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Explore the latest happenings at Kirtland FCU and learn about important topics from around the financial world. Here’s your insight!
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Proof of the Spoof

02/26/2021
Ashleigh, Staff

We often write about the various methods that fraudsters and criminals use to steal info and money from victims. Sometimes, the attempt is relatively obvious. Other methods, like a well-done spoof, are more difficult to detect.

In late February, a local New Mexico school district warned parents about a spoofed website, built to look virtually identical to the real school district website. The website was well done, the fake good enough to not be obvious at first glance. But it held many of the hallmarks of a spoofed website—if you knew where to look.


What’s a spoofed website?

A spoofed website is a site built to mimic a legitimate website for malicious purposes. A spoofed bank site, for example, could fool customers and members into entering their banking login information, exposing it to the criminals. Another high-profile example of spoofing occurred in November 2020. The FBI issued a warning that several spoofed websites mimicking the federal agency’s official site. According to the FBI:


“Adversaries can use spoofed domains and email accounts to disseminate false information; gather valid usernames, passwords, and email addresses; collect personally identifiable information; and spread malware, leading to further compromises and potential financial losses.”


Some of the spoofed domains are highly suspicious; but others could easily be mistaking for an official FBI page.

A domain that is similar to a legitimate domain but not identical is a hallmark of a spoofed website. For example, our website domain is https://www.kirtlandfcu.org/. A hypothetical spoofed domain could be close to the original (kirtlandfederalcu.org) or add a subdomain (kirtlandfcu.moneyspoof.com) to fool you into thinking it’s the real Kirtland FCU site.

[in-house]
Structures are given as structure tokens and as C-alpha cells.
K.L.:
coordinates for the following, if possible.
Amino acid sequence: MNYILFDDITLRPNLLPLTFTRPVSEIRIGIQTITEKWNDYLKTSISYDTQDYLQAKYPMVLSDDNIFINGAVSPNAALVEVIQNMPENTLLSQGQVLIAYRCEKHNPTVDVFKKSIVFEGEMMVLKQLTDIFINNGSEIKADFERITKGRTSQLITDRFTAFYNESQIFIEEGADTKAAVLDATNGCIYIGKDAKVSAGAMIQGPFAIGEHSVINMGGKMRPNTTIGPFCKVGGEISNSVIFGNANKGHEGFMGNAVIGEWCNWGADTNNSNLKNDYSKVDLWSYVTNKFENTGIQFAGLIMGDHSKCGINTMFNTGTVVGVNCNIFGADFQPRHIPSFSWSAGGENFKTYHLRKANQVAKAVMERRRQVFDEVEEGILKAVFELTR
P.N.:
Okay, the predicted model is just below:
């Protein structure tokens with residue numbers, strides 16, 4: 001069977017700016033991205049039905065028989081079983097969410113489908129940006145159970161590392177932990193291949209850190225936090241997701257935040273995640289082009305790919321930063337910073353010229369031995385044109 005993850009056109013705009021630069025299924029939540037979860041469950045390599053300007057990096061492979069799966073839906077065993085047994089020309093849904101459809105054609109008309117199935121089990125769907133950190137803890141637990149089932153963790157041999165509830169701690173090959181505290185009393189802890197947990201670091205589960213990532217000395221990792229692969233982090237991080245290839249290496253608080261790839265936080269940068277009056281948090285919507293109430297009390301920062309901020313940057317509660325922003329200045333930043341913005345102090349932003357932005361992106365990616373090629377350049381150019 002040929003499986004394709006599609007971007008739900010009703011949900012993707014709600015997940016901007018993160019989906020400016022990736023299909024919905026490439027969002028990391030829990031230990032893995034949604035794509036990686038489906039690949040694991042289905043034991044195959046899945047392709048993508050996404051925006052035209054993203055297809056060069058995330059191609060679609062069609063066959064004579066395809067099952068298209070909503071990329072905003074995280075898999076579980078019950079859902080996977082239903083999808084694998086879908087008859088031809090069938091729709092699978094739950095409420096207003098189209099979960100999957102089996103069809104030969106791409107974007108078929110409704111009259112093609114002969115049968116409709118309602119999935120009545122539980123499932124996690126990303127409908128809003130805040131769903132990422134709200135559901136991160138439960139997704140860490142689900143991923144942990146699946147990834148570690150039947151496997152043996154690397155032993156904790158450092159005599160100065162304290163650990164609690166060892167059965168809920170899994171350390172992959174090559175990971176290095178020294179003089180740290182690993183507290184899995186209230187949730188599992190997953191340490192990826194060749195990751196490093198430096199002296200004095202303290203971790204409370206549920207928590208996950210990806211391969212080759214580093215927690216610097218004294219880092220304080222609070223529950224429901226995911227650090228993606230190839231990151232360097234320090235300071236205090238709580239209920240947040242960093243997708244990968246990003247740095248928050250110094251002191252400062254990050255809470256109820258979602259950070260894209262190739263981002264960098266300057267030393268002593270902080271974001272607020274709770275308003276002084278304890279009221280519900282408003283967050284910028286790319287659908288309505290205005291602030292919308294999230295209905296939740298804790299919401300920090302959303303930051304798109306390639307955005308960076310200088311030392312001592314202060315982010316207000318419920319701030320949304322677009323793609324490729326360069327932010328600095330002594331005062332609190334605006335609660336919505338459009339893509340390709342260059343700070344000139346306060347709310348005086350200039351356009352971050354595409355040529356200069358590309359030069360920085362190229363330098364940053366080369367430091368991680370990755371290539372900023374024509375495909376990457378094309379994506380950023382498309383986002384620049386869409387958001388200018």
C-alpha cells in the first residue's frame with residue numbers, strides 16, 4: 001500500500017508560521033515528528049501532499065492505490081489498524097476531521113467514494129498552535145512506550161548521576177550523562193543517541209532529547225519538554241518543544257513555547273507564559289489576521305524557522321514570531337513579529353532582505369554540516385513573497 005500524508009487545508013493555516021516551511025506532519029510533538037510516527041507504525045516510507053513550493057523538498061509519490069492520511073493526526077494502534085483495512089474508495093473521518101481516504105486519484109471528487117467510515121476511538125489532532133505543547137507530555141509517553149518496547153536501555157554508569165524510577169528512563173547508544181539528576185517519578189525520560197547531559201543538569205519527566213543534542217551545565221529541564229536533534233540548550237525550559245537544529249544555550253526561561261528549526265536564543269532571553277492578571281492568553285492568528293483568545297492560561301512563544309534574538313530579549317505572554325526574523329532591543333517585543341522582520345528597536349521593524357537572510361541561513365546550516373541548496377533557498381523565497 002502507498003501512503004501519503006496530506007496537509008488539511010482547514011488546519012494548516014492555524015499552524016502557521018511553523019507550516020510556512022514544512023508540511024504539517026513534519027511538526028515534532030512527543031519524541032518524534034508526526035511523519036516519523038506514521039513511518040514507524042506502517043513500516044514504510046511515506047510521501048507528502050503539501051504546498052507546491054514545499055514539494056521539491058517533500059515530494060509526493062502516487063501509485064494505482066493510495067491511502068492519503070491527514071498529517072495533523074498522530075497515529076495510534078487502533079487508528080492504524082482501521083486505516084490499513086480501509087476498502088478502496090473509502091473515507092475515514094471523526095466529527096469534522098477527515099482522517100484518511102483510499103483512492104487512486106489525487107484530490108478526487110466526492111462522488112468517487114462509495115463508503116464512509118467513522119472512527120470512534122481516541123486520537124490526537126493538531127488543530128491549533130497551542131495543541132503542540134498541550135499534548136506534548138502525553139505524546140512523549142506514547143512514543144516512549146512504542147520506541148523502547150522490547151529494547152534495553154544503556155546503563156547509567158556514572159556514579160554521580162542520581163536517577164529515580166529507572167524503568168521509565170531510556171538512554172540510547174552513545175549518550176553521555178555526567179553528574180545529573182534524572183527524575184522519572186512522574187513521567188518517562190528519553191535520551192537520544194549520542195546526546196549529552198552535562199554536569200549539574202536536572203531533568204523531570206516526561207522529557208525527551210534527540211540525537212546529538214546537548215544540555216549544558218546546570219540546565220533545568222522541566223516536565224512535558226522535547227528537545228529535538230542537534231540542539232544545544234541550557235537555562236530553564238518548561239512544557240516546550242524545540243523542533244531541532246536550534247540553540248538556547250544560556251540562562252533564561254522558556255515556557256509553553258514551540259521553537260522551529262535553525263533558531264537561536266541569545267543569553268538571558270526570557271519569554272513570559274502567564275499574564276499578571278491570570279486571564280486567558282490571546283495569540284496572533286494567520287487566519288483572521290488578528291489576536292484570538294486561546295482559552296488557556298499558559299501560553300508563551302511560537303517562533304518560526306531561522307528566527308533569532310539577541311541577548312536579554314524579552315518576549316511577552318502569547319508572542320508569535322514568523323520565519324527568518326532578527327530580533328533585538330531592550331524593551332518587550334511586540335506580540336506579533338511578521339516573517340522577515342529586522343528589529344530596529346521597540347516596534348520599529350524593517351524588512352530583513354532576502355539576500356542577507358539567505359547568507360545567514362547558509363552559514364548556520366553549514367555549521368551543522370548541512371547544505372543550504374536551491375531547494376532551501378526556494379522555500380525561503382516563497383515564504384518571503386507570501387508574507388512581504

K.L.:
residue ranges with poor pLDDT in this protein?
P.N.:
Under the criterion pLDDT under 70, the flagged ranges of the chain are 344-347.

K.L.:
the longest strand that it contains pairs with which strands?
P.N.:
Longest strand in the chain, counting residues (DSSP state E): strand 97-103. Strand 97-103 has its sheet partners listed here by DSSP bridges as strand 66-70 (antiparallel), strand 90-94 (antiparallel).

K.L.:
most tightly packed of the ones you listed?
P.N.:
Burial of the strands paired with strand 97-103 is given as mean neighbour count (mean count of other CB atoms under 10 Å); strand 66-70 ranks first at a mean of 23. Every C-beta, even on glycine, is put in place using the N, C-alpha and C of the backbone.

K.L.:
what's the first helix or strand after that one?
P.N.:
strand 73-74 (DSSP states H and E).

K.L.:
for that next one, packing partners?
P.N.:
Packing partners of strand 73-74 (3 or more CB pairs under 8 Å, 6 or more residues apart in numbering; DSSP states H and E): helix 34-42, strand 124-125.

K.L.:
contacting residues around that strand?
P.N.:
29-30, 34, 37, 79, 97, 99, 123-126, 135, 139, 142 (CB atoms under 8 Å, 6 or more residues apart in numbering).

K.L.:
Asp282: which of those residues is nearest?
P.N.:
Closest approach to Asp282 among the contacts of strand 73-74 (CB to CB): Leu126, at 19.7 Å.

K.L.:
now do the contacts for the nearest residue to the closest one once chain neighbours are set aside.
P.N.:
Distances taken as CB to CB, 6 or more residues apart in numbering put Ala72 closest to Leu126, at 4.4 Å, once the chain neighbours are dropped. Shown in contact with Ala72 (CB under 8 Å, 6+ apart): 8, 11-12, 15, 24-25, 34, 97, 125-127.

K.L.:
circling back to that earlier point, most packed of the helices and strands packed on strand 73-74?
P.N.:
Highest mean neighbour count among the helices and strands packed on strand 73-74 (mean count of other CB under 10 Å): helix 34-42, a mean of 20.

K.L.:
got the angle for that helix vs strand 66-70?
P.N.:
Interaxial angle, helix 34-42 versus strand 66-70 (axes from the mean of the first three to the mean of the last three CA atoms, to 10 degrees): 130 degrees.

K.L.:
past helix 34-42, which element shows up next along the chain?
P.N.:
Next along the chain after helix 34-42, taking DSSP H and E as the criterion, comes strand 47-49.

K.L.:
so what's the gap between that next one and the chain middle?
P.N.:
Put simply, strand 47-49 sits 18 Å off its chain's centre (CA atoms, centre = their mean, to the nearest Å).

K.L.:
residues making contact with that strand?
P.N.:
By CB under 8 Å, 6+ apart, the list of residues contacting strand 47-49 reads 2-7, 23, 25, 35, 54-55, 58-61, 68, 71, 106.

In the school district incident, the spoofed domain had a single extra letter: rrps.net vs. rrpss.net.

With a spoofed domain, a fraudster can also create email addresses with that domain in order to extend the deceit to inboxes. So be sure to check any domain of an email address before you decide to open it or interact with it.


How to spot a spoof

A good spoof can look identical to the legitimate site it’s purporting to be. But there are signs that you aren’t looking at the real website. Here is what the FBI says you can do to spot a spoof and keep yourself safe:
 
  • Verify the spelling of web addresses, websites, and email addresses that look trustworthy but may be imitations of legitimate election websites.
  • Ensure operating systems and applications are updated to the most current versions.
  • Update anti-malware and anti-virus software and conduct regular network scans.
  • Do not enable macros on documents downloaded from an email unless absolutely necessary, and after ensuring the file is not malicious.
  • Do not open emails or attachments from unknown individuals. Do not communicate with unsolicited email senders.
  • Never provide personal information of any sort via email. Be aware that many emails requesting your personal information may appear to be legitimate.
  • Use strong two-factor authentication if possible, using biometrics, hardware tokens, or authentication apps when available.
  • Use domain whitelisting to allow outgoing network traffic to websites that are deemed safe.
  • Disable or remove unneeded software applications.
  • Verify that the website you visit has a Secure Sockets Layer (SSL) certificate. In other words, check to make sure the address has https, not just http at the beginning of the URL.
Think you spotted a spoofed website? Report it to the FBI.
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